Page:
- The QTEs never upstaged the animation: Unlike with Ninja Blade, the QTEs of Indigo Prophecy were implemented in a way that allowed you to still observe the action. The stick movement commands were placed center-screen and were translucent, allowing you to see everything behind them. There was also a slight delay between commands and animations, allowing you to see the fruits of your labors.
Indigo Prophecy‘s QTEs were, simply put, expertly crafted and they remain proof that the gameplay mechanic is a very valid one that can be just as thrilling as any other interface. Many of Indigo‘s button-press sequences left me feeling exhilarated and like I had accomplished something awesome. The QTEs were tense, action packed, and paced perfectly. I wouldn’t have had that game pan out any other way.
Another good use of QTEs is a game like God of War. Of course, God of War helped popularize QTEs, so the game can certainly be forgiven for using them. Even so, they were used sparingly and sensibly, which is key to a successful Quick Time Event. It made sense to hammer a button when Kratos was pushing a heavy object, and the twisting of analog sticks worked very well when he was yanking a Gorgon’s head off. Not all the commands were contextual — many of the finishers revolved around hitting arbitrary face buttons — but the sequences were not overused and, since there was so much action in the rest of the game, these QTEs merely added to the game, rather than take away from them.
The flow of the QTEs in God of War also worked quite well. You chose to initiate them yourself when performing finishers, rather than be attacked by them when the game decided you MUST press these buttons at the right time in the right place. Immersion wasn’t broken, and these segments were not so overbearing that they felt like they were negatively impacting the game.
Of course, God of War is helped by the fact that QTEs are used to make off-screen ladies orgasm in a sex minigame. That makes a case for the mechanic all on its own.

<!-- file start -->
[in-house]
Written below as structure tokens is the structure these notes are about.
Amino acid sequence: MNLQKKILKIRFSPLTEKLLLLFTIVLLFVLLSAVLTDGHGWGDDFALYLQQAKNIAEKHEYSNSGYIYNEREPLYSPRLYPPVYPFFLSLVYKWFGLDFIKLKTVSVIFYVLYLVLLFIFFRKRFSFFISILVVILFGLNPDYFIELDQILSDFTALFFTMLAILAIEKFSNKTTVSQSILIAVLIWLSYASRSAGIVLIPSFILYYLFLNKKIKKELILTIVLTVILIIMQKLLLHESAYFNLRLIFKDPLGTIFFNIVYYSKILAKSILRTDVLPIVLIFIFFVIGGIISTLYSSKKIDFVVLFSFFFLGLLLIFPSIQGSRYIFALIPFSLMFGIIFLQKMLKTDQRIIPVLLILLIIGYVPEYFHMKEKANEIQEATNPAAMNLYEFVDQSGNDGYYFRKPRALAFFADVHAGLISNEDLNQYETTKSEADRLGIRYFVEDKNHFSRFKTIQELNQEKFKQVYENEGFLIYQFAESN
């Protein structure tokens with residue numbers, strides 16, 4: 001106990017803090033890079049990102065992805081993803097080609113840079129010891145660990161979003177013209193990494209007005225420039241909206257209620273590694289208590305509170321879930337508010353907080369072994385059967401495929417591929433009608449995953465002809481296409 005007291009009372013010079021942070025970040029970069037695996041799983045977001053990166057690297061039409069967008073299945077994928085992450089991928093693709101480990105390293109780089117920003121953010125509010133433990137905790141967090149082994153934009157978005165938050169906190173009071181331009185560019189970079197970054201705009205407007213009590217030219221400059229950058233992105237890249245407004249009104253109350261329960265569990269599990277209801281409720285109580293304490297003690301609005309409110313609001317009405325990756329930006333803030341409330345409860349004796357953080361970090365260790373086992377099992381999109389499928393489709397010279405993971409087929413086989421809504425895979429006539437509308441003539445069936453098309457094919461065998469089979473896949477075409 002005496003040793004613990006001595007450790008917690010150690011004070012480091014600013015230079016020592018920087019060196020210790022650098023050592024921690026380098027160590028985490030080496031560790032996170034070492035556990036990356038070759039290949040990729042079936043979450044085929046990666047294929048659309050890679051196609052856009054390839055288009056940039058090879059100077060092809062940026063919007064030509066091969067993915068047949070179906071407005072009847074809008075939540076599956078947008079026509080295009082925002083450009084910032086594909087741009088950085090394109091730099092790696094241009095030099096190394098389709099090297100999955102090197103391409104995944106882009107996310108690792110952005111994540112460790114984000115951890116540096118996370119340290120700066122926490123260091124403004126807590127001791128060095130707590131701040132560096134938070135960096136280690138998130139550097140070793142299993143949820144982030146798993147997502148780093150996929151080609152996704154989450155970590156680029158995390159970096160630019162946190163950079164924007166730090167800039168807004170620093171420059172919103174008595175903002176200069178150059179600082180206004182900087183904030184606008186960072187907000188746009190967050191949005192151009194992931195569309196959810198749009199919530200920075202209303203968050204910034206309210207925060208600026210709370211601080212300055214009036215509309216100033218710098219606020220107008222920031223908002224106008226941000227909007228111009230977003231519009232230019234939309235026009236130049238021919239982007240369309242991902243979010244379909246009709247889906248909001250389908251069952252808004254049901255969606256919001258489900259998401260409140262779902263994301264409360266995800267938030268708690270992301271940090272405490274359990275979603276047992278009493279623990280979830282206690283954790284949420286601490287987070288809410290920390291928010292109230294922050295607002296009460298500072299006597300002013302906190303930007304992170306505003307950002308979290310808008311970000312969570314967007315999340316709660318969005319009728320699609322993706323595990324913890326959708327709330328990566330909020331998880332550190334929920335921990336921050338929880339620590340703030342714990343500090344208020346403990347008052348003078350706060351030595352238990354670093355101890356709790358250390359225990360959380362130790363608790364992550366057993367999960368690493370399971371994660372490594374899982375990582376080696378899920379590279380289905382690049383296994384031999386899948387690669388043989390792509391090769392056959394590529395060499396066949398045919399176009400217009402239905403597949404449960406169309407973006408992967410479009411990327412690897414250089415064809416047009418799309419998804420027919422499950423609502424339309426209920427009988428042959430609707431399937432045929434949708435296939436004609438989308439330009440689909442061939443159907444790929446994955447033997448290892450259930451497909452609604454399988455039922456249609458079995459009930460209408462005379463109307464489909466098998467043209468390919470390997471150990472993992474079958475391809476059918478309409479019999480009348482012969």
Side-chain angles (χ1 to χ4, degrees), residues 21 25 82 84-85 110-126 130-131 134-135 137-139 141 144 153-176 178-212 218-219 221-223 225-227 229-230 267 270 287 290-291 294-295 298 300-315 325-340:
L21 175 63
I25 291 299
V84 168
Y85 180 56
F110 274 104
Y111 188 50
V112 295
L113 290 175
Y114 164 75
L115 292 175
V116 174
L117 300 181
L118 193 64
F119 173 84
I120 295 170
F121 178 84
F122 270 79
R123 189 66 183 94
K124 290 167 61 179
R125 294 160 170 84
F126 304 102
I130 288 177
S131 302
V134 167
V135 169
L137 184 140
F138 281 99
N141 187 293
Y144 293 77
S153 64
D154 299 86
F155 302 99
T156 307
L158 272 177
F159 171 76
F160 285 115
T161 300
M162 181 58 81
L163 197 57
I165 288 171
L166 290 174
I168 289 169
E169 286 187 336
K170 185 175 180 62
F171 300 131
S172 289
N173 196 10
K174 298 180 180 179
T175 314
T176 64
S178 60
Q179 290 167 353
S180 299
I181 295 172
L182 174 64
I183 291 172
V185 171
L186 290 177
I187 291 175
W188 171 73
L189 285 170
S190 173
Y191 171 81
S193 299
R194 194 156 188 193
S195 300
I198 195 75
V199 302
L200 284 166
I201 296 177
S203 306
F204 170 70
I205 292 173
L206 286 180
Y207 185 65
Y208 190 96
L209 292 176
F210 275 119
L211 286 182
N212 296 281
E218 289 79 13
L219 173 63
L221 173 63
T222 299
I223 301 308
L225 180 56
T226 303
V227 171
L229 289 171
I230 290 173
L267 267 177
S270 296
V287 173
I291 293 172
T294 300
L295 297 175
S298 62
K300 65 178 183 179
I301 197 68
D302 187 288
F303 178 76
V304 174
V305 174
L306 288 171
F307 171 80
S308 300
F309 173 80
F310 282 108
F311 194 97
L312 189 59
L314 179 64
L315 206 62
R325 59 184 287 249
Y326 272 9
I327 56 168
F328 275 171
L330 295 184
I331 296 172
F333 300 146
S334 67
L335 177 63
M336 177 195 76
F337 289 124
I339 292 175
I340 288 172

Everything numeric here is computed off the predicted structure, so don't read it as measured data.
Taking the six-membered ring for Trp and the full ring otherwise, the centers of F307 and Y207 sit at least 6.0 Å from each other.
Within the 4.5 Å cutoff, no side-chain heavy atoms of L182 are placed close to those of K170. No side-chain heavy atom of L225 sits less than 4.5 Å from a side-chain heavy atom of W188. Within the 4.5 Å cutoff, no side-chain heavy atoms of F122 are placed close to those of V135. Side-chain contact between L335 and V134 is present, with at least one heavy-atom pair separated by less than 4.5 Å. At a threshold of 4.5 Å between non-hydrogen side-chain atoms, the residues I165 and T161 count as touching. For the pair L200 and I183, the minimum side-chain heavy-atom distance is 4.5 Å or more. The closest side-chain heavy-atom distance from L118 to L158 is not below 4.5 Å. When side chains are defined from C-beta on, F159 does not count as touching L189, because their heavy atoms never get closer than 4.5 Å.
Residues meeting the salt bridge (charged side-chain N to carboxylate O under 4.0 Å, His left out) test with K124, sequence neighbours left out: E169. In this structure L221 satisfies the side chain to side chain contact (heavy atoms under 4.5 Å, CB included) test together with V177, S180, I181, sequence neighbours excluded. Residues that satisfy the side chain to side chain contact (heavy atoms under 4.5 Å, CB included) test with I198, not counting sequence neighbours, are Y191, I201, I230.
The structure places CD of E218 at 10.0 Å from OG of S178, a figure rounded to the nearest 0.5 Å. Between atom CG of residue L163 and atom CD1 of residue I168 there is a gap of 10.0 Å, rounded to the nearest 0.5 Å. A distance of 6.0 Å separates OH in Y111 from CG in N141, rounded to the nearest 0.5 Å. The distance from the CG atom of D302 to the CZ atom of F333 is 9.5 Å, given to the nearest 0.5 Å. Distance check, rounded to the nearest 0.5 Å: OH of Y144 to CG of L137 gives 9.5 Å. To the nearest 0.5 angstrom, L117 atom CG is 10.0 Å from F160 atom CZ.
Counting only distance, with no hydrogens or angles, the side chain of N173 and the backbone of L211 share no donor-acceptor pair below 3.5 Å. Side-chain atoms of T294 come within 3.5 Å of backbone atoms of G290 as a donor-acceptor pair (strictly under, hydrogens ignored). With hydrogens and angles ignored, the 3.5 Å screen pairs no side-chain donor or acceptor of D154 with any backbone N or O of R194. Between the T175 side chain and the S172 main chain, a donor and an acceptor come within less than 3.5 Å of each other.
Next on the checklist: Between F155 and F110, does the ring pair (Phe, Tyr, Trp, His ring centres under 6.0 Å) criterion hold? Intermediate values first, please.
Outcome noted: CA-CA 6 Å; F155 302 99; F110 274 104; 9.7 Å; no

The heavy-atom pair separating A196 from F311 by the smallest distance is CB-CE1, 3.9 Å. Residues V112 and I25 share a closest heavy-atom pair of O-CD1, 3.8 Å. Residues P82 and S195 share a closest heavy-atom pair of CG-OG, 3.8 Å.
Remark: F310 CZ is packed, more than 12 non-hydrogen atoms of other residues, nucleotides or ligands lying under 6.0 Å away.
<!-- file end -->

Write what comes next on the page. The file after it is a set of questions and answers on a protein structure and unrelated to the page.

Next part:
Sometimes, the only difference between a QTE and what some would call “normal” gameplay is the fact that there are on-screen button commands. Take, for example, Batman: Arkham Asylum. This game was praised for its combat system, and nobody once mentioned the Quick Time Events. Yes, the combat is full of them, but you never considered it because the game didn’t say “Hit Triangle.” Instead, while Batman is beating up bad guys, a little symbol appears above the heads of enemies about to attack. When the symbol is seen, players have to hit the Triangle button so that Batman will counter the attack.
It is, for all intents and purposes, a QTE. It’s just a QTE that’s been dressed up to look more appealing and “game-like.”
You could extend the idea of the “disguised QTE” even further, in fact. Take your average 2D fighter, for example. A Street Fighter or a BlazBlue. You input a series of arbitrary button presses in order to make something happen. The only real difference is that instead of having the necessary buttons appear on-screen, you have to pause the game and look into the Commands Menu to find out how to pull off a certain move. You are doing the exact same thing as you do with a QTE — you’re pressing predetermined buttons in order to make preset animations appear on-screen. The only difference is the way it’s presented to you. It’s worth thinking about.
Yes, Quick Time Events aren’t always good. In fact, they’ve been tarnished entirely by lazy games that make you button-mash every time you want to open a door. However, done right, they are just as valid a mechanic as any other and, really, there’s not much difference between a QTE and any other instance where you’re pressing buttons to make things happen. It’s all about the presentation, more than anything else.
Sure, hating on Quick Time Events is understandable, but just because there are bad examples of an idea, that doesn’t make the idea itself inherently bad. There are games out there that demonstrate how QTEs can work, and work well, so it’s not fair to instantly judge a game simply because it includes them.
If you disagree with any of that, please hit triangle … NOW!